1. Walking in the Malverns, my daughter lost her camera.  I was furious.  We retraced our steps to try and find it, I lost the dog lead, then we lost the dog.  We found the dog, returned eventually to the car-park where a lady handed us the missing camera (she’d recognised us from the photos).  
  2. The route on the map took us across a golf course.  I think I exited the golf course at the wrong place because we ended up wading through a field of head-high ferns and nettles, lifting the dog and the children over a barbed-wire fence or two.  

In both walks, all ended well.  However, the second walk is remembered fondly by all as a great adventure, while the first was an absolute disaster.  The difference was entirely in how I reacted to the crises on the day.

Be a bit spontaneous

Routines are great for helping to ground children and make them feel secure.  However, one of the best things about a routine is the joy of breaking that routine every now and then.  Get the children up before dawn and climb a hill to watch the sunrise.  The adventure is in the unusual.

The adventure is in the unusual.

Gamify the boring stuff

Children find transitioning from one activity to another hard.  When they are engrossed in what they are doing they find it hard to extricate themselves and move on to the next task.  In addition, tidying up, getting dressed, brushing teeth, and putting shoes on are all necessary but irritating intrusions on the fun part of the day.  You’ve got two options… you can either nag and scold the child and end up frustrated, cross and late… or you can join your child in the play that they are engrossed in, engage with them briefly there, and then move them on:  “Shall we park the cars over here so they can wait for you when you come back?  Great!  You parked yours quickly.  Now… I bet you get your shoes on the right feet.  I’ll do up this shoe, you do the other one.  If you brush your teeth for two minutes I’ll let you tickle me for 10 seconds!”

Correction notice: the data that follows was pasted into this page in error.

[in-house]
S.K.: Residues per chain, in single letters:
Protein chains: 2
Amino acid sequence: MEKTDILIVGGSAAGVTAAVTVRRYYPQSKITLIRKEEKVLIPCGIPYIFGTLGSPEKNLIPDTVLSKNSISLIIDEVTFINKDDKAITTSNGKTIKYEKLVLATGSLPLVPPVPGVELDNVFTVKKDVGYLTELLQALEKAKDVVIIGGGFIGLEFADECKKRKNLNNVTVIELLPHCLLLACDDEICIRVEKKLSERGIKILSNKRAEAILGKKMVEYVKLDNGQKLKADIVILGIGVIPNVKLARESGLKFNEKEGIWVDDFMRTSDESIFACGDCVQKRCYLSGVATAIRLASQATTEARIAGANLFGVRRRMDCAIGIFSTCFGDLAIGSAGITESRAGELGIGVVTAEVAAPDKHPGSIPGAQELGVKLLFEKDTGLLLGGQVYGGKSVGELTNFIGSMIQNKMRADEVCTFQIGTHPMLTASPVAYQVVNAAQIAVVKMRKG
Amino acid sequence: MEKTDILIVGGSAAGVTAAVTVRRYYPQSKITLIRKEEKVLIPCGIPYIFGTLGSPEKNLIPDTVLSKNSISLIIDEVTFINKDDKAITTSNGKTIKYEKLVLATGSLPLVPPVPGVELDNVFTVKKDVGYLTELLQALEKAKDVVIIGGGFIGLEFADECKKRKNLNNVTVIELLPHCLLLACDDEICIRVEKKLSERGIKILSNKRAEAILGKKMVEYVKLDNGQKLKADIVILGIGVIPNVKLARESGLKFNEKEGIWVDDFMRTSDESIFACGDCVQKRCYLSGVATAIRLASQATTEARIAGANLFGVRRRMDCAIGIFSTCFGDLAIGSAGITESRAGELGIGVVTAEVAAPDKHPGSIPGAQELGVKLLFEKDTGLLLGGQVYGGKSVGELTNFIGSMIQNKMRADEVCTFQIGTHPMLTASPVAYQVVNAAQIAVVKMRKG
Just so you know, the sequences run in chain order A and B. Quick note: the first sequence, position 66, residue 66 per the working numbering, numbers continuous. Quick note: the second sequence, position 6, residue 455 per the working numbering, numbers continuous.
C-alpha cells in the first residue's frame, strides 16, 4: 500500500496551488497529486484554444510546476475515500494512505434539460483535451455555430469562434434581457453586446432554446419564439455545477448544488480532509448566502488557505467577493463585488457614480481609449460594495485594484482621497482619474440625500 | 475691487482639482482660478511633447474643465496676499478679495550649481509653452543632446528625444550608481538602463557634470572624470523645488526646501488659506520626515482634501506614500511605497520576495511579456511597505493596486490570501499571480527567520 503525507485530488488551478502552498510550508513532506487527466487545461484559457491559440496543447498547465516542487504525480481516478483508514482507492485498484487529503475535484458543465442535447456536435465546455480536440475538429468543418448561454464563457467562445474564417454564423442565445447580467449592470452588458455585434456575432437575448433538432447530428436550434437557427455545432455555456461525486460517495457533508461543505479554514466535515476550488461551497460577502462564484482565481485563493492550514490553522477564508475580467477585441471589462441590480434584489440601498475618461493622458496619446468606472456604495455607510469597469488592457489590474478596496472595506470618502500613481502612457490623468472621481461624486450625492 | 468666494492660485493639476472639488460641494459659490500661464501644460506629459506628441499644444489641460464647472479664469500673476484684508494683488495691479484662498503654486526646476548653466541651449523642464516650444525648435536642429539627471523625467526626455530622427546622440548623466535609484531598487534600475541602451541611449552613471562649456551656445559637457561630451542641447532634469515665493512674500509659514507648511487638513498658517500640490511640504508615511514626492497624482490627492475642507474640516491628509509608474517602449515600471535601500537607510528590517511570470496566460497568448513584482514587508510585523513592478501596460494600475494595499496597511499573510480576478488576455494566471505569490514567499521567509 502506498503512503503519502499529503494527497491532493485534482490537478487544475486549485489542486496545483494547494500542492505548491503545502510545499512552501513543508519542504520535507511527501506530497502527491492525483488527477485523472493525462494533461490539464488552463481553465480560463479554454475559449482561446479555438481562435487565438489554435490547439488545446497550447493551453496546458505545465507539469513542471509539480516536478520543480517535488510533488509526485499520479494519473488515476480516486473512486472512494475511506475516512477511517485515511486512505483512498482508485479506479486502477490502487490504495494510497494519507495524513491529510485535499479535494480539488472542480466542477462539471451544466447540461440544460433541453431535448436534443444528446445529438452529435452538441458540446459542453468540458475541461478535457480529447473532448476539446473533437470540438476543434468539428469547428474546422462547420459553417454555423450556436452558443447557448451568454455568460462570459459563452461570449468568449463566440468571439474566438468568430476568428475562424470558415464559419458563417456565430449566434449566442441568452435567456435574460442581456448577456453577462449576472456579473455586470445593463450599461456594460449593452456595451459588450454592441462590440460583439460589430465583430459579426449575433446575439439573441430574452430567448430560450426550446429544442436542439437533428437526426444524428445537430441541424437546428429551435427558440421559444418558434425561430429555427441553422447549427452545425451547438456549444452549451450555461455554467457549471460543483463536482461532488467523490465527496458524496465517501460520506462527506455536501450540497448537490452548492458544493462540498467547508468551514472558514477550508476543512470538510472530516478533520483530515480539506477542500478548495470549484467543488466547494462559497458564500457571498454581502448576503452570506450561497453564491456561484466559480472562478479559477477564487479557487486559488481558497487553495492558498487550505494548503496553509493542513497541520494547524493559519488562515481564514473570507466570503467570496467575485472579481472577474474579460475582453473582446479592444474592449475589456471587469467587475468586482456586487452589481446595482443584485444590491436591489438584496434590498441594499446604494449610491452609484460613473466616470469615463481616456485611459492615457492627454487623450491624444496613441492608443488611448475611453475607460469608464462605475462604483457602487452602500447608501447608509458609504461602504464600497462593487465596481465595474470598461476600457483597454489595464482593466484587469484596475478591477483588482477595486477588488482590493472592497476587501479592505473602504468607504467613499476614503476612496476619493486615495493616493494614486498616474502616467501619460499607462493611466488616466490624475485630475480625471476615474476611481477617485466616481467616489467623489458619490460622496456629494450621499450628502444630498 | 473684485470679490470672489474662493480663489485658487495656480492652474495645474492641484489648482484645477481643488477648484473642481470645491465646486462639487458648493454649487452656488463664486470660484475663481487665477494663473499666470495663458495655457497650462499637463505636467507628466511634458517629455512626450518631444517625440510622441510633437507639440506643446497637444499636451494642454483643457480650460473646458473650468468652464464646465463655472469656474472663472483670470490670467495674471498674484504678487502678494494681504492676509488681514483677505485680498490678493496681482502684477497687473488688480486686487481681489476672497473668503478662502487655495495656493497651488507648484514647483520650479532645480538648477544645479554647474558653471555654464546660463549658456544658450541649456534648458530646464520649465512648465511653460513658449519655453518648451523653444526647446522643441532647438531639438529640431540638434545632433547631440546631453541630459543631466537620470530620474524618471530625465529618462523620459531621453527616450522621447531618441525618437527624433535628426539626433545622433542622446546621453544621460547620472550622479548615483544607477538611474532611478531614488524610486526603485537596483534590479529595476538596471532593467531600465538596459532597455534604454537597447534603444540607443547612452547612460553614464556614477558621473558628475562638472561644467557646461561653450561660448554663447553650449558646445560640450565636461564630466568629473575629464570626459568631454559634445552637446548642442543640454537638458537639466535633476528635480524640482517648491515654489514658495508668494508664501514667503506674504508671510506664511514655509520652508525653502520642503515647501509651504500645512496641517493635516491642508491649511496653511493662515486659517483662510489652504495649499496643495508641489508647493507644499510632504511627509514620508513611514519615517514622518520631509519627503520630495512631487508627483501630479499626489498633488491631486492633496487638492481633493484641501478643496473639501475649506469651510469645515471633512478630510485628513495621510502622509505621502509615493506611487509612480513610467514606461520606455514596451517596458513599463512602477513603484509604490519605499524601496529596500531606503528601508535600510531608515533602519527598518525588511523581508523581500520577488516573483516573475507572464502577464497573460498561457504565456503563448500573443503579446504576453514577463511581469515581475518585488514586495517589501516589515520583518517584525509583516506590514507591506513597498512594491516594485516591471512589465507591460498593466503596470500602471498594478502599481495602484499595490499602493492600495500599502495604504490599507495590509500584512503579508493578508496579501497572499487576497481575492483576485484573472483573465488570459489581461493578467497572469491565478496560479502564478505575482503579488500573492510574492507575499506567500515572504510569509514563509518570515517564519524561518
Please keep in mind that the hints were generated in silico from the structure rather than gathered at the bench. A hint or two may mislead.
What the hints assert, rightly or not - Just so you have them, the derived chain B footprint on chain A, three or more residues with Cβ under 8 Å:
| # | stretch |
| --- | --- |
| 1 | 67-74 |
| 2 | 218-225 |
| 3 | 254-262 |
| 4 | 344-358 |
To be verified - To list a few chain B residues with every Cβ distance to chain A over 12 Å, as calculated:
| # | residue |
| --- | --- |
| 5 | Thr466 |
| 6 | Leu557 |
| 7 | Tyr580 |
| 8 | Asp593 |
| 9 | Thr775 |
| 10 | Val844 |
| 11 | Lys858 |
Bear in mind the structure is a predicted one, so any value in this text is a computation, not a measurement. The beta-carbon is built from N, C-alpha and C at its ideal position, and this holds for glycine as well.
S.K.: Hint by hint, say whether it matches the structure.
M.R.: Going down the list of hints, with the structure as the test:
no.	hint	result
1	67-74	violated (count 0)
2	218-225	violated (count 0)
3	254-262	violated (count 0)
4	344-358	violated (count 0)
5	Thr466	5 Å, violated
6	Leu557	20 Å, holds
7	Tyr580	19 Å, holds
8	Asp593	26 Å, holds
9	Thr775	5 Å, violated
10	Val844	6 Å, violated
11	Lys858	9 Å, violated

For yourself, think about how you can make your boring tasks more fun.  I hate ironing, but I love to put on my cheesiest, most karaoke friendly music and sing loudly while I do it.  Suddenly the job seems more fun. 

Make mealtimes fun

By the time they are 18 children will have experienced over 6000 meal times.  Nothing makes me sadder than the sight of families out for a meal together with the children fixed to a screen while they wait.  This is a time when the family are altogether and it doesn’t take much to infuse it with a bit of fun to help build family relationships.  You could read from a joke book, play a word game or ask silly (deeply philosophical) questions: if you were an animal, what would you be?  What colour was today?

Humour me

Sometimes children can be emotional or angry.  That’s absolutely fine.  No emotion is unacceptable.  However, we need to help our children to manage their response to their emotions and to move through them.  A great way to do this is with a sense of humour.  While acknowledging their feelings, try to get them to see the funny side of the situation.  As I say to my children, “you have no control over what has happened, but you do have control over how you react to it.”  The question, “What’s the worst thing that could happen?” is a good one.  It not only helps put things in perspective, but its also an avenue to come up with all sorts of preposterous possibilities which can inject a dose of humour.

Playfulness helps build family relationships

Playfulness means having fun, letting go, being yourself and being creative.  Playfulness means sharing joy and making one another happy.  This is what family life should be all about.  We are there for one another in tough times, and we help one another find the pleasure in everyday life.  Society today is increasingly fragmented.  Mental health issues, obesity and suicide are all on the rise.  Stronger family relationships, built by having fun together, are key to building resilience and mental strength.  They give us the confidence to go out there and make the world a better place.  

A family that plays together, stays together.